The Greatest Golf Tip: Practice

By: Robert Partain

Golf is a sport, and like every other sport, it requires practice in order to be the best that we can. Yet, many players not only don't practice, but they hate the word itself, it seems. I know a lot of players who only swing a club when they are on the course, playing a round of 9 or 18 holes, and many of these same players are the first to complain that their game never seems to improve.

Well, duh.

Truth is, I've found myself in that same mind-set a few times over the years. And like many players, it wasn't that I didn't want to practice, it was that I didn't have the time (or at least I thought I didn't have the time to practice).

While I'm not sure if the following tips will help you get some practice in, I can attest that they helped me considerably. Here's what I did:

I took one year (2004) and told myself at the beginning of the year that half of the golf that I would play during the year would be "practice" golf. Yes, I did go on the course with my golfing buddies and play "competitive" golf, but only half the time. The other half of my games were played with no interest whatsoever in the scorecard. Every other round of golf that I played, I played for myself. I would take shots that were not my usual shots, just to see what happened and to see if I could get out of them. Breaking my usual routine was invaluable in learning new skills and new ways to approach the hole.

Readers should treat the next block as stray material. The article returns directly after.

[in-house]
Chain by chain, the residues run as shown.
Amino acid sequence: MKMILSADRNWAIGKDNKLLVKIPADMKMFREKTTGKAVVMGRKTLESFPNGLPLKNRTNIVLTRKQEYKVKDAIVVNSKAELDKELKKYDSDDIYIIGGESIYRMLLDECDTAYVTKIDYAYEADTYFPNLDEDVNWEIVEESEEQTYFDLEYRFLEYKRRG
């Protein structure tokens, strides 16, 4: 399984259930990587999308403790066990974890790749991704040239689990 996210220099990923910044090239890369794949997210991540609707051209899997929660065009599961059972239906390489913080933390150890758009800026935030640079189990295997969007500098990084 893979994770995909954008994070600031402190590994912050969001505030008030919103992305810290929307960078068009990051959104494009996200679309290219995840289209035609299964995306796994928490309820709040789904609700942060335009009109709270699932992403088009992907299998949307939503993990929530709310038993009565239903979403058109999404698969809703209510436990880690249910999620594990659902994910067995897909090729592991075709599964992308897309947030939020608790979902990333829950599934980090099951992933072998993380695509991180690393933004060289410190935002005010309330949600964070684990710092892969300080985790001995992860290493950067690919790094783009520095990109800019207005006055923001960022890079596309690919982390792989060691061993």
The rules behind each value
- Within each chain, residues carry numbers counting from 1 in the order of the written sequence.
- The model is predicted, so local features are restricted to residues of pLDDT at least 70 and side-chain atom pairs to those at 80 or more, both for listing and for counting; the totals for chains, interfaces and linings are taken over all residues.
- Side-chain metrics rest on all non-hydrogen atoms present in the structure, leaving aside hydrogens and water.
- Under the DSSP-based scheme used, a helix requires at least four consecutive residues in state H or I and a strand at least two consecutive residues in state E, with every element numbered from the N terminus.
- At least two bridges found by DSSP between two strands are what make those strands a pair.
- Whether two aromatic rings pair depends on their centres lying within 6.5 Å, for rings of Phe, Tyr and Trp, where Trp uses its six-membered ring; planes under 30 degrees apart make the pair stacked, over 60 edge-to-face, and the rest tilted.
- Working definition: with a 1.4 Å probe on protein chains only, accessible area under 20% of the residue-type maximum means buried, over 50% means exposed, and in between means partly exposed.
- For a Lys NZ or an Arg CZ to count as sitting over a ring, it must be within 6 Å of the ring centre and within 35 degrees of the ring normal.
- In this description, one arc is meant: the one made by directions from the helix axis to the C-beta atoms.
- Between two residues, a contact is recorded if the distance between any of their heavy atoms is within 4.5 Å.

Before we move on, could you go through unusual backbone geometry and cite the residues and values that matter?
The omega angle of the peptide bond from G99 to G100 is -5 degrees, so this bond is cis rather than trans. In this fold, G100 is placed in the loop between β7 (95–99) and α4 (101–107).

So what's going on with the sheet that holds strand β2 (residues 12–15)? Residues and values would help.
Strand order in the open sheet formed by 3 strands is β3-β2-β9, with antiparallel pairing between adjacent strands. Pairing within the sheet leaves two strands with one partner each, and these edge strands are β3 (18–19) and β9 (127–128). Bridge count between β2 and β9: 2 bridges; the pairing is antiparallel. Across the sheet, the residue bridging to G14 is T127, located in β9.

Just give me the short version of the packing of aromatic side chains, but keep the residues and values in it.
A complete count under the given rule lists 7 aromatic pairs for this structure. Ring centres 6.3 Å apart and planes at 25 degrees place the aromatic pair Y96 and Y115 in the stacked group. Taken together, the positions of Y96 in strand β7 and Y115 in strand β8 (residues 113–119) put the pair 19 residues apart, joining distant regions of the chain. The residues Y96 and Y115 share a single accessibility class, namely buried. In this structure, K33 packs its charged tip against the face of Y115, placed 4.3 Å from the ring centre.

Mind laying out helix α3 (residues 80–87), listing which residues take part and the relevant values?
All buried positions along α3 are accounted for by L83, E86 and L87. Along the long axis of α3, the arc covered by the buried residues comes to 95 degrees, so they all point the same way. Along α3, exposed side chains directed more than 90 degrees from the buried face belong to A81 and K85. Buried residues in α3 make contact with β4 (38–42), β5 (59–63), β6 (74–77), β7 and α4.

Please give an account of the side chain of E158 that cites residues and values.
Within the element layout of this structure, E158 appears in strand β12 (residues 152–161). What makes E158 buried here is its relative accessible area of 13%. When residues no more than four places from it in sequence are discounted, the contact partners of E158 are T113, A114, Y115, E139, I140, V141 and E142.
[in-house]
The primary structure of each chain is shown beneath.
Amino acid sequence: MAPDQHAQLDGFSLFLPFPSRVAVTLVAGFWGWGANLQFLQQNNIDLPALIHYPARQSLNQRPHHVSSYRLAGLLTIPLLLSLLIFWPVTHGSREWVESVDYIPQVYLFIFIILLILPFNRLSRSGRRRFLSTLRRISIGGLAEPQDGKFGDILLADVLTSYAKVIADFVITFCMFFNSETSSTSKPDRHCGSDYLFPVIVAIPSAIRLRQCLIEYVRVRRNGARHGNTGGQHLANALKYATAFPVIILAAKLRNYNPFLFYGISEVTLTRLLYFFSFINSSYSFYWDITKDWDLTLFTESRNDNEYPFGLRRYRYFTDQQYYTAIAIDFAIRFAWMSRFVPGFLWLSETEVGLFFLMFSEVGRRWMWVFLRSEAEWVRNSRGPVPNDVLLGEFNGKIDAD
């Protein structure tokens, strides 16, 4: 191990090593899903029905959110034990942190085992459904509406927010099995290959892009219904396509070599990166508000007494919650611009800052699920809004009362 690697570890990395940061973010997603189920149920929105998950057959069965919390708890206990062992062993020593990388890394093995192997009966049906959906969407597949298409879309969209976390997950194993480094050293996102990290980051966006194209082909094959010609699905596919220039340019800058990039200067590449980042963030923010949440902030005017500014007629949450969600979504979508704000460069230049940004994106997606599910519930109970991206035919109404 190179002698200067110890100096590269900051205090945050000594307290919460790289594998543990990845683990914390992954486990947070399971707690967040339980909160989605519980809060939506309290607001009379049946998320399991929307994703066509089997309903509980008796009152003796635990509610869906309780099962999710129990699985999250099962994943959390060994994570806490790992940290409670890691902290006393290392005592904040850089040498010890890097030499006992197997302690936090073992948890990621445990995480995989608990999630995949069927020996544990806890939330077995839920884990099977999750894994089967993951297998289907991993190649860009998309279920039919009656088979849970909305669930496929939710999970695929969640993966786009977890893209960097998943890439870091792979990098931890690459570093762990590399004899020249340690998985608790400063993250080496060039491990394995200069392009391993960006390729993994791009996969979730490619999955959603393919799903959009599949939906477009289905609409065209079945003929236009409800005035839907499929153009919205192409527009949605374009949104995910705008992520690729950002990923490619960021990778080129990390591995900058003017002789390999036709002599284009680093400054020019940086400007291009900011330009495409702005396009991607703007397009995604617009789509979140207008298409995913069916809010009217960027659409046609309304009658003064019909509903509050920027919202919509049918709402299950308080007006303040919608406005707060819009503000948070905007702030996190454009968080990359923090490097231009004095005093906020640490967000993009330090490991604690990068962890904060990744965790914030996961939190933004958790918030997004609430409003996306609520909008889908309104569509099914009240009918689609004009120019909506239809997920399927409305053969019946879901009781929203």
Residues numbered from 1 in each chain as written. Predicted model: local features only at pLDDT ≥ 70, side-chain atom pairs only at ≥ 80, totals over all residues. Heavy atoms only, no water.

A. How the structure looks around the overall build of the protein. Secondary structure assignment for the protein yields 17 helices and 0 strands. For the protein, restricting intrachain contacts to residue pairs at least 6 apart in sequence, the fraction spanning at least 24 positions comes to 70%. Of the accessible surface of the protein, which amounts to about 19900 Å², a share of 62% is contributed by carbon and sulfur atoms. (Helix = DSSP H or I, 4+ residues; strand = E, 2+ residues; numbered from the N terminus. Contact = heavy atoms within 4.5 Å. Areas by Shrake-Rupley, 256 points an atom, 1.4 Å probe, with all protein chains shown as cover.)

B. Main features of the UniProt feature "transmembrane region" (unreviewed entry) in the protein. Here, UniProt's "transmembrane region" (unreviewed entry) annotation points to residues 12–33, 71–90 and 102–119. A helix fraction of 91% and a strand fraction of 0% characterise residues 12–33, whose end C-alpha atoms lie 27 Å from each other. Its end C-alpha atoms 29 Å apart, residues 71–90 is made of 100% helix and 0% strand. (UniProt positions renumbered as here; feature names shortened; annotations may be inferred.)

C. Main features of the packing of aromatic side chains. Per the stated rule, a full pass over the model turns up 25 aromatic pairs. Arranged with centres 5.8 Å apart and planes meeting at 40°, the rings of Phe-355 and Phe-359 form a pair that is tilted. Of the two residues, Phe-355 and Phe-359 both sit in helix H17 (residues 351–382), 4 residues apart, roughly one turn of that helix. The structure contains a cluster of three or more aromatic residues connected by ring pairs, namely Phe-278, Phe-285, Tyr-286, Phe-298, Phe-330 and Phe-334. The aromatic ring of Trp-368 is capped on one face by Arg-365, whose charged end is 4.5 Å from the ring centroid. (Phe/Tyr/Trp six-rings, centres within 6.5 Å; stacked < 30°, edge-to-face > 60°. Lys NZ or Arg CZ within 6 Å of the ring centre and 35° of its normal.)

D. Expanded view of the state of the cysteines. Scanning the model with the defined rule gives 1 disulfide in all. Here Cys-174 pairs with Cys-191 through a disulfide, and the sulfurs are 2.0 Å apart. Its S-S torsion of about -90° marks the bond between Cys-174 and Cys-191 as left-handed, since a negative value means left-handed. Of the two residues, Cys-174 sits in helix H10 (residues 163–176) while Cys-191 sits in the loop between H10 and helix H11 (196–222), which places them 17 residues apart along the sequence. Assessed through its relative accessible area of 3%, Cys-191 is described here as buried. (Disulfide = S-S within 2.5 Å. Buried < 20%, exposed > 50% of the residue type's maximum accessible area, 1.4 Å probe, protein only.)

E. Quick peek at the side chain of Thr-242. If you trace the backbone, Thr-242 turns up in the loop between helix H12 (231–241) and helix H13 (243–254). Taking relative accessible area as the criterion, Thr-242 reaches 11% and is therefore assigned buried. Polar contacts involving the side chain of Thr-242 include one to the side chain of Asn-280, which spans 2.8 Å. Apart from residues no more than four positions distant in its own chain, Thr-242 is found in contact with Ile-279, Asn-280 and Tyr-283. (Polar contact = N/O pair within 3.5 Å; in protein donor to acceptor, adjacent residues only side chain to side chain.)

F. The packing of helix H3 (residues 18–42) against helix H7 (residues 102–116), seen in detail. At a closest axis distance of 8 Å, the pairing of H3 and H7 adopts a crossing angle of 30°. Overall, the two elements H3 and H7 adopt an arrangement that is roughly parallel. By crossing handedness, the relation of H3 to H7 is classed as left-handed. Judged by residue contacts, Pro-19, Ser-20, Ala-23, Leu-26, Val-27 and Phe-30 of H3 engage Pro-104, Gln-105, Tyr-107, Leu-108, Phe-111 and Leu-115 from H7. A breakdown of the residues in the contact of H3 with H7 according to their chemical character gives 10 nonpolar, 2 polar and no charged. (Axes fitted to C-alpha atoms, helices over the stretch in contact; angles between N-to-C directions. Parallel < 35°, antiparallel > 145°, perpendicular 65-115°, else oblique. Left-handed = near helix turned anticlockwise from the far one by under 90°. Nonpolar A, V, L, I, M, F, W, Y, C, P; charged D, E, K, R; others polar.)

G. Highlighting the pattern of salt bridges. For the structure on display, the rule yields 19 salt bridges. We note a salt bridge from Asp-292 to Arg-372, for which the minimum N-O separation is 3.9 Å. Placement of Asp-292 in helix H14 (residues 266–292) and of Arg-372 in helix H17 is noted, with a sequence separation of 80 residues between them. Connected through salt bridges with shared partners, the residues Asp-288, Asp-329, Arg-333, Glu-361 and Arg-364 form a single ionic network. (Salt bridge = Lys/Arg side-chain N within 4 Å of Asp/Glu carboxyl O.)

And it wasn't nearly as hard as it may sound.

If you play a certain course a lot, you simply look at each hole as if it were brand new. Don't take the safe shot that you've trained yourself to take on a particular hole. Think of another way to get off the tee, a different trajectory for the ball and then follow each later shot from these new lays. It's fun, it's challenging, and it will improve your arsenal of shot skills.

To take the pressure off me, I did this (as I mentioned earlier) without a scorecard. I wasn't trying to "win" on these practice days. I was trying to "learn".

The second thing I did during this year was think about "time management". Like most of you, I can't just disappear for hours to play or practice on the course. So, I decided to come up with some home based practice techniques. It was during this time that I learned how valuable it is to record yourself on video tape for later review. You don't need to hit a real ball (you can use a plastic practice ball for drives and chips) in your back yard. The important thing is to make the same swing that you always make and then review that swing to determine your weaknesses.

Practice isn't something that we "should" do. Practice is something we "must" do if we want to improve our game. The thing is to find the practice sessions that work for you and for your schedule.

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Robert Partain has been an avid golfer for over 40 years. He publishes a golf blog that is updated 4 times a week with golf tips, techniques, and information.

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